Back in the day, I turned on the brand-new cable box on top of the big-screen TV and discovered TNN and ESPN. I studied all week long, but looked forward to Sunday afternoons when stock cars battled around the storied ovals such as North Wilkesboro and Rockingham. Coverage didn’t include much pre-race, kind of a perfunctory walk down pit road, the invocation, anthem and then, “Start Your Engines!”
I always hungered for more, as the Boston media then – and to a point, now – didn’t consider NASCAR worthy of their sports pages.
Over the years, ESPN expanded their programming. TNT joined the fracas. Websites like Jayski popped up. My weekend racing fix became accessible 24/7 and life was good, I thought. And then came SPEED.
I will admit when SPEED joined my auto racing lineup, I ate up all the commentary shows, Friday night trackside coverage and the exploration of all things related to auto sports. This was great! But, did I need it?
I ask this question as a philosophical exploration in the face of being threatened with possibly losing SPEED on my DirecTV programming. While the dispute has been settled I spent considerable time in the past weeks deciding whether to believe media mogul News Corp. that they were being reasonable in asking for a large fee increase for FOX specialty channels from DirecTV, or believe the satellite television provider when they declared that they were being strong armed into an unfair agreement.
Ultimately to me, it mattered very little. Corporate greed will do what it always does, pass the increased costs along to the consumer, all the while they threatened to cut regional sports channels, Fuel, SPEED, NatGeo and a selection of other channels out of existing packages. It was a real possibility that Channel 607 would no longer have existed for me and other faithful SPEED channel viewers. What kind of impact would that have done to my viewing habits, a fan who spends far more time focused on this sport than is really healthy?
I would have missed my trucks. Thoroughly and truly. The Camping World Truck Series still embodies the rough-and-tumble image that stock car racing grew from. The broadcasts are top notch, permitting the booth to add more than a little of their own personality and reactions to the competition.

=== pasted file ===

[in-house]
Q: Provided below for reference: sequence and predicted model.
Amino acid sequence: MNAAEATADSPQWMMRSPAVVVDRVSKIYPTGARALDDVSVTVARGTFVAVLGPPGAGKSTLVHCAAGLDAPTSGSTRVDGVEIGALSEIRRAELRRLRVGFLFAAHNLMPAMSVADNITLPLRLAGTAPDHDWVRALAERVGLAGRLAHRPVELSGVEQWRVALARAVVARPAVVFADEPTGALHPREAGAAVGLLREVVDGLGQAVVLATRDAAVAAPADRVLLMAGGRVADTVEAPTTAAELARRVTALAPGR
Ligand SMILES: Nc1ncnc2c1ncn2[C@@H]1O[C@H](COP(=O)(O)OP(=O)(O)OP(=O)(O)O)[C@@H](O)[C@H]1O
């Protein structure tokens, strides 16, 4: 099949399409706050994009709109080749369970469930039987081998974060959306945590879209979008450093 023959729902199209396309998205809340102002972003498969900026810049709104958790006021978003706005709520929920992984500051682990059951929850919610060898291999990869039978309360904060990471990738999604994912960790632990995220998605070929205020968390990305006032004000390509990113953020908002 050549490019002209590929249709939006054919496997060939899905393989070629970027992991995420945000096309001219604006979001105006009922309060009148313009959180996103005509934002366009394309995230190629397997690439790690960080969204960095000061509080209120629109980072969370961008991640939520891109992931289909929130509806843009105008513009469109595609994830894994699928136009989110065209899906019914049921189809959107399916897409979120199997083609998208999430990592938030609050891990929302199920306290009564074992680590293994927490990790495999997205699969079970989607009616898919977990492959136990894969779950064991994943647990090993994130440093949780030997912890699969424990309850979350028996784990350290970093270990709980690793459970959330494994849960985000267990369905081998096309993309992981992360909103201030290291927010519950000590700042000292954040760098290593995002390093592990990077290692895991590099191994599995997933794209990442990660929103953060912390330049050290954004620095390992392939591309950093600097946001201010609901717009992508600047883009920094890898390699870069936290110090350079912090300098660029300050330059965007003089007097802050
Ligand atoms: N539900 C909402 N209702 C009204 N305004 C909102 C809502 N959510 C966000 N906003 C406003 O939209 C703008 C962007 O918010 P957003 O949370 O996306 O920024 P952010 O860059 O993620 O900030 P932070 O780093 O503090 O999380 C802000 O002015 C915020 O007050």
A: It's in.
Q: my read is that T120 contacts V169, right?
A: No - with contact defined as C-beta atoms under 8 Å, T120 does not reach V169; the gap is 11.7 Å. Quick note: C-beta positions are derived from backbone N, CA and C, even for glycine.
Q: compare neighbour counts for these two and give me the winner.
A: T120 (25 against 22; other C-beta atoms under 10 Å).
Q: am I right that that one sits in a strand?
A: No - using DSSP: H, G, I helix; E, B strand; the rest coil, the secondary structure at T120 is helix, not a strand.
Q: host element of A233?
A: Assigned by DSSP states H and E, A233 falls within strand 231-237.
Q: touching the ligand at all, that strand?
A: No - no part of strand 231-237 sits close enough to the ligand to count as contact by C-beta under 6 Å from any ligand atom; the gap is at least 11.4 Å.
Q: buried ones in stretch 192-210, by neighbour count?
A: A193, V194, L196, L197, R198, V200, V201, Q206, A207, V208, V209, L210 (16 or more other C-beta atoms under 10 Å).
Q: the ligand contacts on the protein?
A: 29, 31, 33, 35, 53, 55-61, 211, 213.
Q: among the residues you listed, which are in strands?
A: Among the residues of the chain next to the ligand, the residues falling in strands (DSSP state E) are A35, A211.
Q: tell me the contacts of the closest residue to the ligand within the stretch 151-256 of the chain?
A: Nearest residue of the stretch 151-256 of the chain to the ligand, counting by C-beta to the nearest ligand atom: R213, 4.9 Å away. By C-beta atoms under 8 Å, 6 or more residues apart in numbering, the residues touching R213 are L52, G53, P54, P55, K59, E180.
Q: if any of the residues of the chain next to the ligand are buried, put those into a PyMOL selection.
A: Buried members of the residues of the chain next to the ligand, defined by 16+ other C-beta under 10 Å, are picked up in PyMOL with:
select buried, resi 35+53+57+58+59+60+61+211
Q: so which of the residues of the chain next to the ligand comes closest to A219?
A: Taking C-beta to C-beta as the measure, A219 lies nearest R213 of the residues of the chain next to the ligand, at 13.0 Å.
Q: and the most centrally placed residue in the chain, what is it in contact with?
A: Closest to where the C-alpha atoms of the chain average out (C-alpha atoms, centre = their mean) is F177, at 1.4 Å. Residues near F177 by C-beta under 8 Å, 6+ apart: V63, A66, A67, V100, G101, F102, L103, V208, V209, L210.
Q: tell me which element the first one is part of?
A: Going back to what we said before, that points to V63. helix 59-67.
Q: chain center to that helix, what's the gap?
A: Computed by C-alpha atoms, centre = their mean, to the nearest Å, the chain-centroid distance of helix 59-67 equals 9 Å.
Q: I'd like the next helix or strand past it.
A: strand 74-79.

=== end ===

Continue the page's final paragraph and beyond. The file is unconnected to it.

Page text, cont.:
But as much as I love to listen to cars take qualifying – their engines filling my living room with a familiar hum and rumble – I admit to tuning out on the commentary provided during what must be over 20 hours of NASCAR coverage each week. You can only chew over storylines a few times before it becomes repetitious.
Add to that the ability to stream radio broadcasts, enjoy Race Buddy and spend as much time as I want staying current through the multitude of podcasts on the web, I begin to wonder if we really have surpassed saturation point for our sport on the television. I have options and have driven past requiring any single outlet to keep me up to date.
For years we’ve heard rumblings of Cup races turning into pay-per-view events, with each new season the major networks telling the viewing poor not to worry, it’s not happening yet. But I did wonder if yanking SPEED wouldn’t have presented an interesting way to see if the market exists for such a high-ticket programming option?
And what about the other sports that were being included in this high stakes game of corporate chess? Not only was SPEED channel being threatened, but also FOX’s popular soccer channel – another sport with a large and vocal following. Would we have been offered a NASCAR package for an additional $10 per month? Or perhaps something so sneaky as the Camping World programming for an annual fee?
After much consideration of the situation, I decided it wouldn’t be so terribly important for me to pay to see Ray Dunlap and Larry Mac for more hours than I have available in a given week. Lining the pockets of one billion-dollar enterprise so they can pay another so I can be mesmerized by cars going in circles just takes all the fun out my Saturday afternoons. I wouldn’t do it! And I even doubt I would miss it.
Mine is just one small opinion in the sea of the viewing NASCAR public. I’m sure there are others out there who would bemoan the loss of SPEED.
However, life is short and there’re over 100 channels for me to pick from. NASCAR certainly figures large in those selections, but there’s many a time when I check SPEED and decide there still isn’t anything on. News Corp. has started to lose their bargaining power in this billion-dollar discussion.
FOX might think they have a monopoly on my NASCAR addiction, but they don’t. Those that sit in steel and glass conference rooms negotiating billion-dollar agreements really should keep that in mind when they decide to fight over how much more they want to wring out of the American public. There will come a day when we just won’t pay anymore, and I’m thinking that day isn’t too far in the future.
About the author
The Frontstretch Staff is made up of a group of talented men and women spread out all over the United States and Canada. Residing in 15 states throughout the country, plus Ontario, and widely ranging in age, the staff showcases a wide variety of diverse opinions that will keep you coming back for more week in and week out.
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